I have to simulate an ADC that behaves as an I2C slave. The simulated values that the ADC shall expose are sent over serial, saved on an attribute and are requested by a master device over I2C.

A simplified solution is the following. I have a struct ADC that describes the converter:

struct ADC 
  uint32_t register_1;
  uint32_t register_2;

  void write_register_1(uint32_t data){
    register_1 = data;

  void write_register_2(uint32_t data){
    register_2 = data;

  uint8_t read(){
    return register_1;

  // some other methods to setup...

In loop(), I read the serial in order to update the ADC::register value and in the onRequest handler I eventually send the requested data by accessing ADC::register:

ADC adc{};

void setup(){
  // setup adc, Wire and Serial here

void loop(){
  if (Serial.available() > 0)
     // read serial, parse received data and check them
     uint32_t data = parse_serial(); // do anything is needed to check data...

     // update adc attribute
     uint8_t oldSREG = SREG;
     noInterrupts(); // disable interrupts to update uint32
     SREG = oldSREG;

void slaveTransmitterHandler(){

void slaveReceiverHandler(){
  uint32_t i2c_received_data;
  while (Wire.available){
    // fill i2c_received_data with Wire.read()

I'm not sure if I have to declare the adc object as volatile (this would mean to declare all ADC methods and variables as volatile). Is it safe to use an object inside the I2C handler called by the I2C interrupt?

As far as I know, it is not (I can find no reason why it should be different from non-class variables), but I have always worked with non-class variables and never with cpp objects. Also, I can't find any information about this topic.

It could be possible that I'm wrong with the whole design, even if it seems to me to be very consistent. I'm open to change it for something better, so please if this design is nonsense, comment on that! I'm here to learn :)



Edit: Some clarification, since my question seems not to be clear enough: I'm doing HIL simulation, that is simulating the real hardware with its real interfaces with a simulated environment (that includes sensors and actuators). See here for more info.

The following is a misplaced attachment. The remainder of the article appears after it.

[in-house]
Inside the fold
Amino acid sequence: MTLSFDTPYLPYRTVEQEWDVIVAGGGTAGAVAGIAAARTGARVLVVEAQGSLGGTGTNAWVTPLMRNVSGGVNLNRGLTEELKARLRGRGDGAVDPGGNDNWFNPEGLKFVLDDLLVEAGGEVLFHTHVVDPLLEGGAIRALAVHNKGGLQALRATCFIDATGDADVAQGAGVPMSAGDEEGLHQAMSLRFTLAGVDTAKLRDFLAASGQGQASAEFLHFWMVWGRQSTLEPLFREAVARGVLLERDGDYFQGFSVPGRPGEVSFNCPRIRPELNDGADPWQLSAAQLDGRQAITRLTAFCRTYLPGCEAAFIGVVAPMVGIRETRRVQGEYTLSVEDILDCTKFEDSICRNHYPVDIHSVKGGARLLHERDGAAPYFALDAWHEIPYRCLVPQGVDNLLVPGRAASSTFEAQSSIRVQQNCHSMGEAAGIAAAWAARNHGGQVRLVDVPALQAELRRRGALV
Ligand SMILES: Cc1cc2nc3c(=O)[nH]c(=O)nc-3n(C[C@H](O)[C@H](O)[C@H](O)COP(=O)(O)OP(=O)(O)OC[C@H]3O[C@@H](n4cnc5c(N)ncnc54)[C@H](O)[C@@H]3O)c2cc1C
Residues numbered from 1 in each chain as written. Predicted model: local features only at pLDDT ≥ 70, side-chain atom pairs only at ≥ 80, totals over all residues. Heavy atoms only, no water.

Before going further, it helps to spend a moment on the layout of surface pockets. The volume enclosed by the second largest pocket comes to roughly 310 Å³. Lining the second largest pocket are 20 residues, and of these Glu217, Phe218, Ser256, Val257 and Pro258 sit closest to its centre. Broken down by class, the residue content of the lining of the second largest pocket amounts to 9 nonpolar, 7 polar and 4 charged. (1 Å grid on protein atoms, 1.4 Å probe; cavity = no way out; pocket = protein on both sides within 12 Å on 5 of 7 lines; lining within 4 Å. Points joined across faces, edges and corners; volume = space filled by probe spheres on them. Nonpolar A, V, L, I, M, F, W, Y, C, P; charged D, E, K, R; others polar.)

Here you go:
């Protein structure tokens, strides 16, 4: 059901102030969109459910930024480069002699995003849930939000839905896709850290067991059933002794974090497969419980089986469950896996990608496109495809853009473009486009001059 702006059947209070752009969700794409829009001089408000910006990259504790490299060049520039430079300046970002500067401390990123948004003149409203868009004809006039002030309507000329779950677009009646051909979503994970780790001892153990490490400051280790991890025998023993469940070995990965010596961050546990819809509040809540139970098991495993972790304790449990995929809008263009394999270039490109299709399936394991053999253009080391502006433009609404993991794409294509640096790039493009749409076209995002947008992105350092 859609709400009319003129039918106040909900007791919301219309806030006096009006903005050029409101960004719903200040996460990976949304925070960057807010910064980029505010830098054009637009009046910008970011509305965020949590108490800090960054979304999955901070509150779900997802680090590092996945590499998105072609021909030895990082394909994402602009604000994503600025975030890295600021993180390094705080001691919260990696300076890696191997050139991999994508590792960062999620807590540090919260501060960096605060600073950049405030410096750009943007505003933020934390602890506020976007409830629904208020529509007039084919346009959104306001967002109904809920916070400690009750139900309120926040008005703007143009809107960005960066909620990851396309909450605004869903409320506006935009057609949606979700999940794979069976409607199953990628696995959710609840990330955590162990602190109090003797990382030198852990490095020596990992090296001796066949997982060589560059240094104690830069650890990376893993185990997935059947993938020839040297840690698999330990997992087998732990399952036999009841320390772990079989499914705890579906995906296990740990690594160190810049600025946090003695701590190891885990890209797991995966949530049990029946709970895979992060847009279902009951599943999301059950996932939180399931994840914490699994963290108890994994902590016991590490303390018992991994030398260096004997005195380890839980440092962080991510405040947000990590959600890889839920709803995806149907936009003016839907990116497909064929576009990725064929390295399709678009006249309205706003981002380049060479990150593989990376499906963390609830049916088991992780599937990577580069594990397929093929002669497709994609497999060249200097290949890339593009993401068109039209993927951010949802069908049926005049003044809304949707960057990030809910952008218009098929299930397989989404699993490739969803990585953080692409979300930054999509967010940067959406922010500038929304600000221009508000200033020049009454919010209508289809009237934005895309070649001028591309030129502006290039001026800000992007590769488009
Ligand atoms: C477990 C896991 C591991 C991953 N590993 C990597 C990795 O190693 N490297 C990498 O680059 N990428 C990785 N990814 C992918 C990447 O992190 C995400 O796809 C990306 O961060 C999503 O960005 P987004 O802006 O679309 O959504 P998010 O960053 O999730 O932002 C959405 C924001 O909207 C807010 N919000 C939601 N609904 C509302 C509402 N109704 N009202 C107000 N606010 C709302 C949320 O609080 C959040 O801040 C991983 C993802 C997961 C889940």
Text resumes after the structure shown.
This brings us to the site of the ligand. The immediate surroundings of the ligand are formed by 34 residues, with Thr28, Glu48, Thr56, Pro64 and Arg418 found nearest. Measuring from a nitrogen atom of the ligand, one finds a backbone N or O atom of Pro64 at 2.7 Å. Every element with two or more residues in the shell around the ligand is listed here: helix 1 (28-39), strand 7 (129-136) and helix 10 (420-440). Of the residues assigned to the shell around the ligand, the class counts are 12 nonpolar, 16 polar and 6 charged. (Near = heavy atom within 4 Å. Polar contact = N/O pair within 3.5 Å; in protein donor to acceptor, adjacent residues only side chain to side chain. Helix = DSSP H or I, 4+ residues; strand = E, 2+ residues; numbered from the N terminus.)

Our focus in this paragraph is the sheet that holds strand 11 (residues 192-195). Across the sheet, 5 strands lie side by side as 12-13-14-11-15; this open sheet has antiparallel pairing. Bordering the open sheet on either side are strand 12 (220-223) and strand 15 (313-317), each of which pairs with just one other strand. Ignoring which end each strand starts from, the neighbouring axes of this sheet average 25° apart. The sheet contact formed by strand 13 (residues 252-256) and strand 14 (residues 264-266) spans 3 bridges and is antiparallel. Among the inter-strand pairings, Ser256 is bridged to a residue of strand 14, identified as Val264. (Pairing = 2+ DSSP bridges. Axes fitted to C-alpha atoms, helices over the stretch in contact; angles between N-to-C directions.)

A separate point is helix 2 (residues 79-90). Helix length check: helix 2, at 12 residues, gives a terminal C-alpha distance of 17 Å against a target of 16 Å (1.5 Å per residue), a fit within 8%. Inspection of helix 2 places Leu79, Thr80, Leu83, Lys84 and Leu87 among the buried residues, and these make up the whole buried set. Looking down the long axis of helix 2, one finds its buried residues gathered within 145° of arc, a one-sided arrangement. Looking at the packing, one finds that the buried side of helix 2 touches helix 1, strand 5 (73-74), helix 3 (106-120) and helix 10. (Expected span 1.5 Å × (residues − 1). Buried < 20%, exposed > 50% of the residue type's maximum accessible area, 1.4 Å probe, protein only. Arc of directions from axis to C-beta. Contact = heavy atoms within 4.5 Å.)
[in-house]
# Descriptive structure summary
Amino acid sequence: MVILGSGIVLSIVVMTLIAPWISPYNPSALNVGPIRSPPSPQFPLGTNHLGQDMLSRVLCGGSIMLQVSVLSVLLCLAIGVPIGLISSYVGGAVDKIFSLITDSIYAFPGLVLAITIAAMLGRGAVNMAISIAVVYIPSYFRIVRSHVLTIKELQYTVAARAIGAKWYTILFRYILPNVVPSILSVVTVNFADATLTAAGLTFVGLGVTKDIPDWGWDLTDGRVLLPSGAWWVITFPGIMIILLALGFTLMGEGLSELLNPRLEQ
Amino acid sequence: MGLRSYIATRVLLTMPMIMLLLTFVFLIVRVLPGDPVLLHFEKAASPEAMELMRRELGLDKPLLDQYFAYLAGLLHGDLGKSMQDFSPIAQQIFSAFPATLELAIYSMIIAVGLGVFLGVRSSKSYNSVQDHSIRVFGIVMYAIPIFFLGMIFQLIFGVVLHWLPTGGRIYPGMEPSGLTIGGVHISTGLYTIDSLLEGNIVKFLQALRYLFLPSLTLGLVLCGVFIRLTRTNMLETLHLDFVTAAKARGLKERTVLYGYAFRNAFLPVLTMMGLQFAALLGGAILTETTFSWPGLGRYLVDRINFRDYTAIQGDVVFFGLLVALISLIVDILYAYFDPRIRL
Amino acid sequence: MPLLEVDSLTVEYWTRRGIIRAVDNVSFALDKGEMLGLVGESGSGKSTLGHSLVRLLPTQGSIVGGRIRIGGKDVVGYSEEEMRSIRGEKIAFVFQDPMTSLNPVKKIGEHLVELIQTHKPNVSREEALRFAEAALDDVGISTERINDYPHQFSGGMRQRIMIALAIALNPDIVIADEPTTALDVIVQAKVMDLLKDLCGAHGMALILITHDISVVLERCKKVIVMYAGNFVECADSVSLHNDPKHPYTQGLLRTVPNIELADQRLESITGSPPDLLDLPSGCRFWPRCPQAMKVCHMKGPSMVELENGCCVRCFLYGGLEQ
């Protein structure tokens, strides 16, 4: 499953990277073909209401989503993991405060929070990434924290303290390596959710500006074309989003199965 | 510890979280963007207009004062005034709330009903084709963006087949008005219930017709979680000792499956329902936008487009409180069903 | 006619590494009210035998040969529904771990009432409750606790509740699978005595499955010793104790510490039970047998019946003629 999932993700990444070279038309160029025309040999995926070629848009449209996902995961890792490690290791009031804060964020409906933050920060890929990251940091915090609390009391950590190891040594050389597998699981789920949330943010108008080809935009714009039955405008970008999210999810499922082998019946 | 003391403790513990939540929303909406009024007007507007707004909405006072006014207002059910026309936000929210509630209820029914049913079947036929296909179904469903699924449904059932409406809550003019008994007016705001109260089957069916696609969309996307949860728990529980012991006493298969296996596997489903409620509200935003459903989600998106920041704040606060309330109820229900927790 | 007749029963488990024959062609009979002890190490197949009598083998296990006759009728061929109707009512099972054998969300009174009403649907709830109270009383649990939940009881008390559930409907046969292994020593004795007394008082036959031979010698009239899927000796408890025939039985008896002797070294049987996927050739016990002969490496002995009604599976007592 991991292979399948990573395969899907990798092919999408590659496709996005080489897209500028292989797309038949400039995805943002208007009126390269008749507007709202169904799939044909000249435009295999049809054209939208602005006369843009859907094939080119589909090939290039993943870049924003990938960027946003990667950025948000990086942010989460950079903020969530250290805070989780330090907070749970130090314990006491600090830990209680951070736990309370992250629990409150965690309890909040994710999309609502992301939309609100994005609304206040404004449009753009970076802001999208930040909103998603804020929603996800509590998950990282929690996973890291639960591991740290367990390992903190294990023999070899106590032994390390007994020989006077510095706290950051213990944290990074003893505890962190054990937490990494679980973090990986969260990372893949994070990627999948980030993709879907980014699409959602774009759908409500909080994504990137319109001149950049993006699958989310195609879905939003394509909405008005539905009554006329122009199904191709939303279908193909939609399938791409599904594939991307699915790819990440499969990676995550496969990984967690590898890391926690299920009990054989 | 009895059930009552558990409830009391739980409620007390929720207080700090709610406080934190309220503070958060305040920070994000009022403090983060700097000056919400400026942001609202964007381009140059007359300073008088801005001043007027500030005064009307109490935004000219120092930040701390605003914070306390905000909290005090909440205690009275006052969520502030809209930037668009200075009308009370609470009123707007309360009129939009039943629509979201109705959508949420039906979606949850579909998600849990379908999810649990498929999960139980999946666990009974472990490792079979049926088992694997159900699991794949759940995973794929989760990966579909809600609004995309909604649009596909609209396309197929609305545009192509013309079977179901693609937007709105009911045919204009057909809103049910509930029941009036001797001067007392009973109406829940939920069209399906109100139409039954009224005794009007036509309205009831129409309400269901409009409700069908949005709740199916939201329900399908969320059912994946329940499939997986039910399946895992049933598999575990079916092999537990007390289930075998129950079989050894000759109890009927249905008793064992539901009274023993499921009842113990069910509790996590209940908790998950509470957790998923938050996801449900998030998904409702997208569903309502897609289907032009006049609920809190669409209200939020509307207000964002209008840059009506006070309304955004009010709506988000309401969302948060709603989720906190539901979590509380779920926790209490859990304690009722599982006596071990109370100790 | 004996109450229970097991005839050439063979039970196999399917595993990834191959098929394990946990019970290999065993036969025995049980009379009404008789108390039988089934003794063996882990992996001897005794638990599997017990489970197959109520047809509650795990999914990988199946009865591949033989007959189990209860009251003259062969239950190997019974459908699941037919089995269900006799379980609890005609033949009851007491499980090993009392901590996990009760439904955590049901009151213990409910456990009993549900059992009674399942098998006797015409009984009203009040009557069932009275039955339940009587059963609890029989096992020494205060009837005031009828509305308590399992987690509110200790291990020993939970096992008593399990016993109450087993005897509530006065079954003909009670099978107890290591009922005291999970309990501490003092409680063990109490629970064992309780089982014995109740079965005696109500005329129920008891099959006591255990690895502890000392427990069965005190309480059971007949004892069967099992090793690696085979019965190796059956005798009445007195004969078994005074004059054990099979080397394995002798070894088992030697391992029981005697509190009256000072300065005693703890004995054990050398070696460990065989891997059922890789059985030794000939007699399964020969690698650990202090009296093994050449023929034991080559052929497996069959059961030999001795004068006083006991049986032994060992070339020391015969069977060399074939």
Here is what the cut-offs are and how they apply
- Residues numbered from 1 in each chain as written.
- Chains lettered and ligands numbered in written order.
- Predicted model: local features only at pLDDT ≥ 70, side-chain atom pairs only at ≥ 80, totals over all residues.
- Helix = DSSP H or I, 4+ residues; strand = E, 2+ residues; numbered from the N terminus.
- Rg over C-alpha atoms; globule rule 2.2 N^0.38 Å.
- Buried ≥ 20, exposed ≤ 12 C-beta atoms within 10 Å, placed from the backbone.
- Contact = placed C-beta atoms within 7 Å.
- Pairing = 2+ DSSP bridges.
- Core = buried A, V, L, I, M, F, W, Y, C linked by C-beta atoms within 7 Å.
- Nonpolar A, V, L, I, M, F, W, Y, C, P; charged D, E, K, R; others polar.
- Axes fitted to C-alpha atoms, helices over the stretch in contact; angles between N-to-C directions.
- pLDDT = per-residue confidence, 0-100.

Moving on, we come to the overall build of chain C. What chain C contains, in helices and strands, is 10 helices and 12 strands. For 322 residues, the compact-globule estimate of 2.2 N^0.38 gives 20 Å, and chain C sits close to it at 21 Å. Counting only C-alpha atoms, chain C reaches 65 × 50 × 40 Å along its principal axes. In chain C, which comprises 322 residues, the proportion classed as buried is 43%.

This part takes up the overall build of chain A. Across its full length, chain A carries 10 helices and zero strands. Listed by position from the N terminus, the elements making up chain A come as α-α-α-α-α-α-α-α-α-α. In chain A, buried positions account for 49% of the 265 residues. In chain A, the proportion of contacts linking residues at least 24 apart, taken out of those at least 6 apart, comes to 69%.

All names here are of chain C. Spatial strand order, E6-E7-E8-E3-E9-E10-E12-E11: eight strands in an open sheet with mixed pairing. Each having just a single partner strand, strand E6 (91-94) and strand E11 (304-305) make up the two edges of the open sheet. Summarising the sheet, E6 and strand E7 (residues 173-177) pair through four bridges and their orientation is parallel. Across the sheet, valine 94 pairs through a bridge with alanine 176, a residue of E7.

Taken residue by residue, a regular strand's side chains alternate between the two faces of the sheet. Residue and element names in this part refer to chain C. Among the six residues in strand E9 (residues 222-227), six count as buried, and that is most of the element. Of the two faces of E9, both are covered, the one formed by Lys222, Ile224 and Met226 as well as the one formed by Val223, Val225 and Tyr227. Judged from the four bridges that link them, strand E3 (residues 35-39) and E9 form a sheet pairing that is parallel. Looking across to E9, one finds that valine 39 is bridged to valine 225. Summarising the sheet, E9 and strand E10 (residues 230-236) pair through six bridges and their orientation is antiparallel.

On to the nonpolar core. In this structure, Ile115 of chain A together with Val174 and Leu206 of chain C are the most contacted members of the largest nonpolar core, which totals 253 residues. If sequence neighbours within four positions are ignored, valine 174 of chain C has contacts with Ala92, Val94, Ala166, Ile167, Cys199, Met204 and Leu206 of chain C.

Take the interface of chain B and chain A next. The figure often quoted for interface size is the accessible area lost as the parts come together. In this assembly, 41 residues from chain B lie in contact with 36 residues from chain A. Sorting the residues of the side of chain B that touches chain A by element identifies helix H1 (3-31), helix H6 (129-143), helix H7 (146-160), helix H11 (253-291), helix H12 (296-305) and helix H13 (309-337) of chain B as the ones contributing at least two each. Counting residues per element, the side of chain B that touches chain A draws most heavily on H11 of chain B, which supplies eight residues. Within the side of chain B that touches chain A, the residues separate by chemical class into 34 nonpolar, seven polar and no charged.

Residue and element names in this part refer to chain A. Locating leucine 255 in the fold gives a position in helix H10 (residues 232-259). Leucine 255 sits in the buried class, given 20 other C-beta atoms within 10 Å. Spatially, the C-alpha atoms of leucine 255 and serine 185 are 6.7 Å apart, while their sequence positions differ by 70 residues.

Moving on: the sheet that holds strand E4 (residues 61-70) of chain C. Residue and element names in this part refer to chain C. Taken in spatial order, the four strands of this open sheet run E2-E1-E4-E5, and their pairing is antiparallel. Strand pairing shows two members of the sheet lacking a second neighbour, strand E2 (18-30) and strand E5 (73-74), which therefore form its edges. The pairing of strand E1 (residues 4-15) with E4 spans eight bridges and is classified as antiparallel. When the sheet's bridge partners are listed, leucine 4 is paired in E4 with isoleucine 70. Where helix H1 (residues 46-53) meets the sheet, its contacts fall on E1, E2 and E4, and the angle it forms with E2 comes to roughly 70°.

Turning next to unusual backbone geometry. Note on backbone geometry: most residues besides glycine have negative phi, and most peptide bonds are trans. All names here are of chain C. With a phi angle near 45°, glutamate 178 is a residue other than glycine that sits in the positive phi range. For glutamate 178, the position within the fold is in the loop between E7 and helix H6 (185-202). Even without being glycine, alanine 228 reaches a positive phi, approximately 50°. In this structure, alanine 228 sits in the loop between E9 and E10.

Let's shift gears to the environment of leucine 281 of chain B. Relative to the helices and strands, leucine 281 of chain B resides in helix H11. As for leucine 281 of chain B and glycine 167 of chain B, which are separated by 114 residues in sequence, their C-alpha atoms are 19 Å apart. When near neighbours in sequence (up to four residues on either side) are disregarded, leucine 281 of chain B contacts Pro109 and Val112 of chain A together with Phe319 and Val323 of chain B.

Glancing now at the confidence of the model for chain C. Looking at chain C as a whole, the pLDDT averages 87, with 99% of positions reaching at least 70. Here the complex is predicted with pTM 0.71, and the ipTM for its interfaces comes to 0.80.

One of my sensors measures a voltage and stores it in a register of an ADC (that has multiple registers). I'm simulating the behaviour of ADC registers in Arduino, and they shall communicate via I2C with the real hardware.

Hope this is more clear now.

  • I don't think the class has to be volatile here. Nothing in the ISR is changing anything about the class, so there's no chance that the ISR fires in the middle of something else accessing the class and getting corrupted data. The only possibility for corruption here would be if the ISR fired diring the write function but you seem to have handled that with a critical section around it. It would be different if the ISR wrote to the object, but as written it only reads from it. I think you're ok here.
    – Delta_G
    Commented Nov 3, 2023 at 18:56
  • @Delta_G This looks like an answer. Please post one and not a comment. Thank you.
    – Nick Gammon
    Commented Nov 4, 2023 at 5:17
  • Why are you doing Wire.onRequest(slaveTransmitterHandler)? That looks like you really are using I2C and not simulating it.
    – Nick Gammon
    Commented Nov 4, 2023 at 5:23
  • @Delta_G thanks! Let's say that I'm also setting some attributes of the adc object in an interrupt. How can I deal with that case? I've edited the original post to include this case (see slaveReceiverHandler). Shall I declare the object (and the whole class attributes and methods) as volatile? I guess so, but it seems that it's not really clear to me what volatile means when used in a C++ class (en.cppreference.com/w/cpp/language/cv this page goes above my understanding).
    – lumaca96
    Commented Nov 4, 2023 at 11:08
  • 2
    This isn't a forum. If you want to expand on the question please edit the question. Any answers given should address the question (as edited), not the question plus random comments. Nor should the answer be in a comment (not your fault).
    – Nick Gammon
    Commented Nov 4, 2023 at 21:40

1 Answer 1


If this is a simulation, and not actually using interrupts, then you hardly need to declare anything volatile. However your use of the Wire library makes it look less like a simulation. Personally I think your problem is under-explained. Please post all of your code. If you are simulating you won't need to worry about hardware interrupts. If you are using the Wire library you will.

Your other post Get address of a I2C transaction when multiple addresses are registered seems to be relevant here.

  • He is using the Arduino to fake an I2C ADC. The I2C link is real. The ADC readings are fake. Commented Nov 4, 2023 at 9:08
  • @EdgarBonet is right. I've edited the question with some more details.
    – lumaca96
    Commented Nov 4, 2023 at 11:02

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